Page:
GERMANY: Plagiarism claims mount for ex-minister

With an intensive investigation almost concluded, Bavaria's University of Bayreuth now claims that ex-minister of defence Karl Theodor Zu Guttenberg (pictured) must have copied parts of his doctoral thesis. But Zu Guttenberg continues to deny wilful deceit.

Zu Guttenberg was stripped of his doctoral title and stepped down from office early last month, in the midst of a national controversy over alleged plagiarism that divided German opinion.

Although he has persistently denied wilful deceit, the disgraced baron did apologise in public for "mistakes" he had made and, on resigning, pledged that it was in his "sincere interest to help clarify issues" regarding his doctoral thesis.

This, Zu Guttenberg stressed, applied both to the work of a special commission appointed by the University of Bayreuth to examine the thesis and to criminal investigation proceedings instigated by the public prosecutor's office in Hof, Bavaria.

The university commission, whose members also include people from outside Bayreuth, has concluded that, given the extent and type of plagiarism Zu Guttenberg's thesis contains, he can only have been acting with intent.

Experts examining the thesis are particularly suspicious of entire pages that appear to have been copied from material that is provided to parliamentarians for 'inside' use. They allege that Zu Guttenberg couldn't possibly have been unaware of what he was doing.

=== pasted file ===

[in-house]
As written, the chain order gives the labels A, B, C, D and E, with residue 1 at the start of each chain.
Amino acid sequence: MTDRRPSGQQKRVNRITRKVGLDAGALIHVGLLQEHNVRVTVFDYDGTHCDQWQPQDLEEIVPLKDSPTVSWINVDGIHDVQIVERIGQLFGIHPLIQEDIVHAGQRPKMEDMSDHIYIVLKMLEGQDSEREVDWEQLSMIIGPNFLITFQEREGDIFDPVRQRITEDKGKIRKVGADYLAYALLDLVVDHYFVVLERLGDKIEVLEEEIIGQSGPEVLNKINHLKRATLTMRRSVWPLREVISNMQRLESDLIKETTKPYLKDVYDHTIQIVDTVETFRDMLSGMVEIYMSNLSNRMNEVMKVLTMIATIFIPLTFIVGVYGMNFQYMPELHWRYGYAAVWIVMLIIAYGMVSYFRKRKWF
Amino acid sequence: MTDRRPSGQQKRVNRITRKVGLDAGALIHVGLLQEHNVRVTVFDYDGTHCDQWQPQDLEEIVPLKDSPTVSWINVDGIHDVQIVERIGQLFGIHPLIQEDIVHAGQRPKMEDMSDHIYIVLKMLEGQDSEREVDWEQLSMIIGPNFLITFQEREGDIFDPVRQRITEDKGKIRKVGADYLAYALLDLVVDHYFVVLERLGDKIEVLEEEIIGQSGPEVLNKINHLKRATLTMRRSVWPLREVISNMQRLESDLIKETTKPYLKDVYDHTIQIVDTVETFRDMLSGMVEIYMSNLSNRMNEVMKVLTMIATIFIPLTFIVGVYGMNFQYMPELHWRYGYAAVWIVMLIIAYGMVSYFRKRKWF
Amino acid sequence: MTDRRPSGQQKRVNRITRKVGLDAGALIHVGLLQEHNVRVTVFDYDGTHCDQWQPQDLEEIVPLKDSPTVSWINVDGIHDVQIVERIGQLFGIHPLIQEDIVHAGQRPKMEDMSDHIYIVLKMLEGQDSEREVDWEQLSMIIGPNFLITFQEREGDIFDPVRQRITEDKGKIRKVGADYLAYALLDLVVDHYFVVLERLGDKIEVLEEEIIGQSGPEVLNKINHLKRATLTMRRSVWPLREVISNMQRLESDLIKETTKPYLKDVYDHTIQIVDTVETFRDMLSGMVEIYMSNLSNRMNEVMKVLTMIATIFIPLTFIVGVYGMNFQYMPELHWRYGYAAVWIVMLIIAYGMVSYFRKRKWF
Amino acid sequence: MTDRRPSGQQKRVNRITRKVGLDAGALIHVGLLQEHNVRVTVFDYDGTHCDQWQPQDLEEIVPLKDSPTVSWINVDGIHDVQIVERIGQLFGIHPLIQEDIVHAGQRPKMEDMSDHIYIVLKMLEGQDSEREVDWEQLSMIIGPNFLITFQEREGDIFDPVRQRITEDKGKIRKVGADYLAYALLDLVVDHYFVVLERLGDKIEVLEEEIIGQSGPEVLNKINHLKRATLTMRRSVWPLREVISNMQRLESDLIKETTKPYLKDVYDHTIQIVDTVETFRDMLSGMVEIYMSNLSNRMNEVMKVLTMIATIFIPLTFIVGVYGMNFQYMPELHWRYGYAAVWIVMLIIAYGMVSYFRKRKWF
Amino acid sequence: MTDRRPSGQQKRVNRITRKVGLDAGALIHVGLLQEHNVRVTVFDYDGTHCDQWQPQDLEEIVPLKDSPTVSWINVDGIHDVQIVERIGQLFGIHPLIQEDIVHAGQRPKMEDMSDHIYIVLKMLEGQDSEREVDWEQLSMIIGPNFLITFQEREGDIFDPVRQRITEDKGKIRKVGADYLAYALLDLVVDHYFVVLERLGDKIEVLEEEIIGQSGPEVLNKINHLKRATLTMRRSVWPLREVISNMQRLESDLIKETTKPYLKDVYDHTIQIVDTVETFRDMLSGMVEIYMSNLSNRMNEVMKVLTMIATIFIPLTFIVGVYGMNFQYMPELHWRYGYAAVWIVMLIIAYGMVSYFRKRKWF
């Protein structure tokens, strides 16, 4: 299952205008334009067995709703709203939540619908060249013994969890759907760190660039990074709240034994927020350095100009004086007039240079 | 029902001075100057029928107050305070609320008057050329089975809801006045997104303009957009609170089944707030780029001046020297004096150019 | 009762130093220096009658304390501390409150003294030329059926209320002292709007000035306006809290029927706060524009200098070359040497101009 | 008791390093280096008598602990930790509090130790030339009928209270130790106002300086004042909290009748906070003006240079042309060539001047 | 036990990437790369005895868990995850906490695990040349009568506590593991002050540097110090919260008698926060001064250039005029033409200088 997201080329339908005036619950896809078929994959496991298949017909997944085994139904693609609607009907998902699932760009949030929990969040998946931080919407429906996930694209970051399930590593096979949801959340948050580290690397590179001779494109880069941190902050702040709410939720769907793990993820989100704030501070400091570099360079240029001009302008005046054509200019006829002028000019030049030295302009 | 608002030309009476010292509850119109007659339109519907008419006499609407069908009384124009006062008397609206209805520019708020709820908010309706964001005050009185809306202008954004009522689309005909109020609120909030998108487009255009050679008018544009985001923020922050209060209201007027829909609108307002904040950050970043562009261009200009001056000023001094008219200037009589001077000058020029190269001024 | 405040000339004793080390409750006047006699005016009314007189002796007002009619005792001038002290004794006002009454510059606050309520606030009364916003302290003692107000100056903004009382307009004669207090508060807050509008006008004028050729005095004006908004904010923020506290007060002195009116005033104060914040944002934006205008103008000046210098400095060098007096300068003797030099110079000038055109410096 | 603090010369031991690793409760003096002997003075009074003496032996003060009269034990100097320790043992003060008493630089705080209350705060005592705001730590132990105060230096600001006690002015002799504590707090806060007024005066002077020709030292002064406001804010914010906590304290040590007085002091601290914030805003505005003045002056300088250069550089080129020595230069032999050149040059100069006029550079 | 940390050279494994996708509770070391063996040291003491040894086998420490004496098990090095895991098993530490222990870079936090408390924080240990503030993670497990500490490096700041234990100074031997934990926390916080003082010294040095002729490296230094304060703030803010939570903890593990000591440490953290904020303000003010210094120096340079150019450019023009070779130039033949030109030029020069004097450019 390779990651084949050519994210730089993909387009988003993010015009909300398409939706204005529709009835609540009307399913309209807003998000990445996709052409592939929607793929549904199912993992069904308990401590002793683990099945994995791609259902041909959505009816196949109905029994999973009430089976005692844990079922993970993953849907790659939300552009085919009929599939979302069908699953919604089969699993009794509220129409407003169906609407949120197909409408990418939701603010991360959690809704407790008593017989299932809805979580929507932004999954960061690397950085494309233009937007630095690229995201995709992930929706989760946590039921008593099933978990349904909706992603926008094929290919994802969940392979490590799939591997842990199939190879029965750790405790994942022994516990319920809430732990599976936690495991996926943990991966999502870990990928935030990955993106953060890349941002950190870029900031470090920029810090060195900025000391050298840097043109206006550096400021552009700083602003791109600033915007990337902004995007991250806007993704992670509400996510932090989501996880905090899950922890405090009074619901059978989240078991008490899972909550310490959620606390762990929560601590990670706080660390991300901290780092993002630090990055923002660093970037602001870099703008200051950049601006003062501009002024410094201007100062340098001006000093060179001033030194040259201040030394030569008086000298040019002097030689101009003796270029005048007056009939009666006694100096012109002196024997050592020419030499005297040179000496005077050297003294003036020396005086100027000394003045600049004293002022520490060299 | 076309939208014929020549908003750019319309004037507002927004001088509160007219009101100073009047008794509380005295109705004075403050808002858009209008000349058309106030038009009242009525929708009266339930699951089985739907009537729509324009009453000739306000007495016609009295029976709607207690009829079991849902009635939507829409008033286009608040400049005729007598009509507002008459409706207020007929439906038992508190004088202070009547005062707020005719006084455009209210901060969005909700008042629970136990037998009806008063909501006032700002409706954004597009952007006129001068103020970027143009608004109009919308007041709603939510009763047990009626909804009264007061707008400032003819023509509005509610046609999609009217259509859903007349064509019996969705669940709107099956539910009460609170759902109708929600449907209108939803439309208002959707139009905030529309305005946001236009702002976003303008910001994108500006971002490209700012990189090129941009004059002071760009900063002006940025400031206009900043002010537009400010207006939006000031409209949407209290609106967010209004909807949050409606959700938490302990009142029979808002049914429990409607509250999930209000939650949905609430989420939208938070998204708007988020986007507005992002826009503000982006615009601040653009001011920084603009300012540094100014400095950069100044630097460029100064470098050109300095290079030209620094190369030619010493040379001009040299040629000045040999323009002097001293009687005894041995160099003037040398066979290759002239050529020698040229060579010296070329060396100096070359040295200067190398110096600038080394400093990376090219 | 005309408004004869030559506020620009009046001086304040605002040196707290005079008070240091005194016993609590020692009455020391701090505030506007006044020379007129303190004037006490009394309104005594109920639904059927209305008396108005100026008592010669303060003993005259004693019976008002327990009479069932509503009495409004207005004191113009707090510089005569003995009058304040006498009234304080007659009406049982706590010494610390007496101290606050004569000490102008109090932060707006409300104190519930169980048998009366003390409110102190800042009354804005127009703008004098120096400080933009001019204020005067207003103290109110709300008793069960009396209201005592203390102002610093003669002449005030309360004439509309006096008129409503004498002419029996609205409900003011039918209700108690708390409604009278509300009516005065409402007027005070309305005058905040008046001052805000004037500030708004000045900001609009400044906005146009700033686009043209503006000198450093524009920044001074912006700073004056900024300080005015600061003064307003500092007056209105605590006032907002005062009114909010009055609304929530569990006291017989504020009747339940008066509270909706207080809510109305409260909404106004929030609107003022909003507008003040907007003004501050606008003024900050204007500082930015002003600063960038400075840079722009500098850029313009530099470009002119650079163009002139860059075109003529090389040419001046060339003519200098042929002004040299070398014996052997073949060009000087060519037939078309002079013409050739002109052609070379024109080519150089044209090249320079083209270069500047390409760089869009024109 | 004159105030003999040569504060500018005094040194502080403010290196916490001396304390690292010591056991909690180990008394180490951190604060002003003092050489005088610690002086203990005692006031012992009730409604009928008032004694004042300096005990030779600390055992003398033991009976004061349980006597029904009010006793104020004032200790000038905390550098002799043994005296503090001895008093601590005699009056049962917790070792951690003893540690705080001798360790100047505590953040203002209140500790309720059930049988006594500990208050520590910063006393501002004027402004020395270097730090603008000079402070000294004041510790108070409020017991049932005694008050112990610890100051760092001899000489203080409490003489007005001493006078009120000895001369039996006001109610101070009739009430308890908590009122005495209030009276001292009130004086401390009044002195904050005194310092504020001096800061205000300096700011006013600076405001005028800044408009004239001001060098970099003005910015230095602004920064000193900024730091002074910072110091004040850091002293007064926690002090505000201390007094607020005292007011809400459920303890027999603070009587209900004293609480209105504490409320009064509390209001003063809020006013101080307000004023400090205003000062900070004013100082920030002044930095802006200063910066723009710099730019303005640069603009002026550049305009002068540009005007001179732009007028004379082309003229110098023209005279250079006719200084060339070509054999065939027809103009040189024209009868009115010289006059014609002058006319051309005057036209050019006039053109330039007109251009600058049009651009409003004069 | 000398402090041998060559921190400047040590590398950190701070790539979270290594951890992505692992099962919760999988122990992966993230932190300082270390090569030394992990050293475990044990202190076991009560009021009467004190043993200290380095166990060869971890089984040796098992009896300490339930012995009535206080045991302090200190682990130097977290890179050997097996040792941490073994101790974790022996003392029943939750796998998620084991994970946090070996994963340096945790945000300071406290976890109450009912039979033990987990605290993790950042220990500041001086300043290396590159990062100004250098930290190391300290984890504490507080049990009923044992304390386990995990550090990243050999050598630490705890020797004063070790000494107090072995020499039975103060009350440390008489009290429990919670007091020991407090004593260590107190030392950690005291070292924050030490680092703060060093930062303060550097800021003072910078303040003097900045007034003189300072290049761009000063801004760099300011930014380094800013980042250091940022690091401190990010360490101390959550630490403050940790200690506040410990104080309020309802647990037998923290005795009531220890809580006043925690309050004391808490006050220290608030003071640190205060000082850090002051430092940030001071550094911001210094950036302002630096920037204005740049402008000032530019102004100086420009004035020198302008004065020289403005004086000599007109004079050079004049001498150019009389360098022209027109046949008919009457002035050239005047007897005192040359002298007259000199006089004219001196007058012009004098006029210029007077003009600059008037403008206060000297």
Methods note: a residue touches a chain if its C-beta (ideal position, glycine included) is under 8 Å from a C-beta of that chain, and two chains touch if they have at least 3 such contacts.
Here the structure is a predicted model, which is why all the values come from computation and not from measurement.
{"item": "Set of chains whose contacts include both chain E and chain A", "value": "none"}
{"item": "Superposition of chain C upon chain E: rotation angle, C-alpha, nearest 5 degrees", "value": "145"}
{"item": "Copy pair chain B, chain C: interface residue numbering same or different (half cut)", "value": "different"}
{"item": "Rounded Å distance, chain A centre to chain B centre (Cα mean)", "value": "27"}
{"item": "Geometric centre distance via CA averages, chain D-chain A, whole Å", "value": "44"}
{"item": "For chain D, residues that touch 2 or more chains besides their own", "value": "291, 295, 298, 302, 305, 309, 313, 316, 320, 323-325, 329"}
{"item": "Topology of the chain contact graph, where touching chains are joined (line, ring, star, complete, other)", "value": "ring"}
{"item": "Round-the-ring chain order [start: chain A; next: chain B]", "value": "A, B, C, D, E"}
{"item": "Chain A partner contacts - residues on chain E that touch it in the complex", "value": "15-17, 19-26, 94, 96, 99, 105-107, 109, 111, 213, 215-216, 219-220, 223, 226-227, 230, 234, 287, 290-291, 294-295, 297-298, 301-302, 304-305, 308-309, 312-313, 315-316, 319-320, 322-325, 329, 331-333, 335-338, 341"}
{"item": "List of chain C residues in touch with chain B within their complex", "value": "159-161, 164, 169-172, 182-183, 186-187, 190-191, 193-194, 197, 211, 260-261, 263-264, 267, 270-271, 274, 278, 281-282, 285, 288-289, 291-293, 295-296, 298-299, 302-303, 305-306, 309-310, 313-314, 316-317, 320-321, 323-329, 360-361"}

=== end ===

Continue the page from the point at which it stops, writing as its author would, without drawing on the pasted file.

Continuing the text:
Bayreuth University's President Rüdiger Bormann said that "the public is taking a considerable interest in how the university is assessing the incident", and announced that his institution intended to publish the results of the commission's investigation, also with regard to wilful deceit. The university has stressed that it wishes the issue to be discussed in public.

However, Zu Guttenberg's lawyers recently issued a statement objecting to any findings being made public.

Formally, Zu Guttenberg is no longer a member of the university, and neither does he bear a title from the institution. This would suggest that the university no longer has any right to make public statements about his personal conduct.

But Bormann insisted that zu Guttenberg withdraw his objections and "support the establishment of comprehensive information" - which was what the baron originally promised.

Now Zu Guttenberg's lawyers have stated that he accepts the publishing of the final report. His original objections, they claimed, referred to parts of it being published ahead of the university commission's investigation being completed.

Meanwhile, it appears that the public prosecutor's office in Hof could drop the case for "lack of public interest". The office is said to be reviewing similar cases to identify judicial precedent that would warrant such action.

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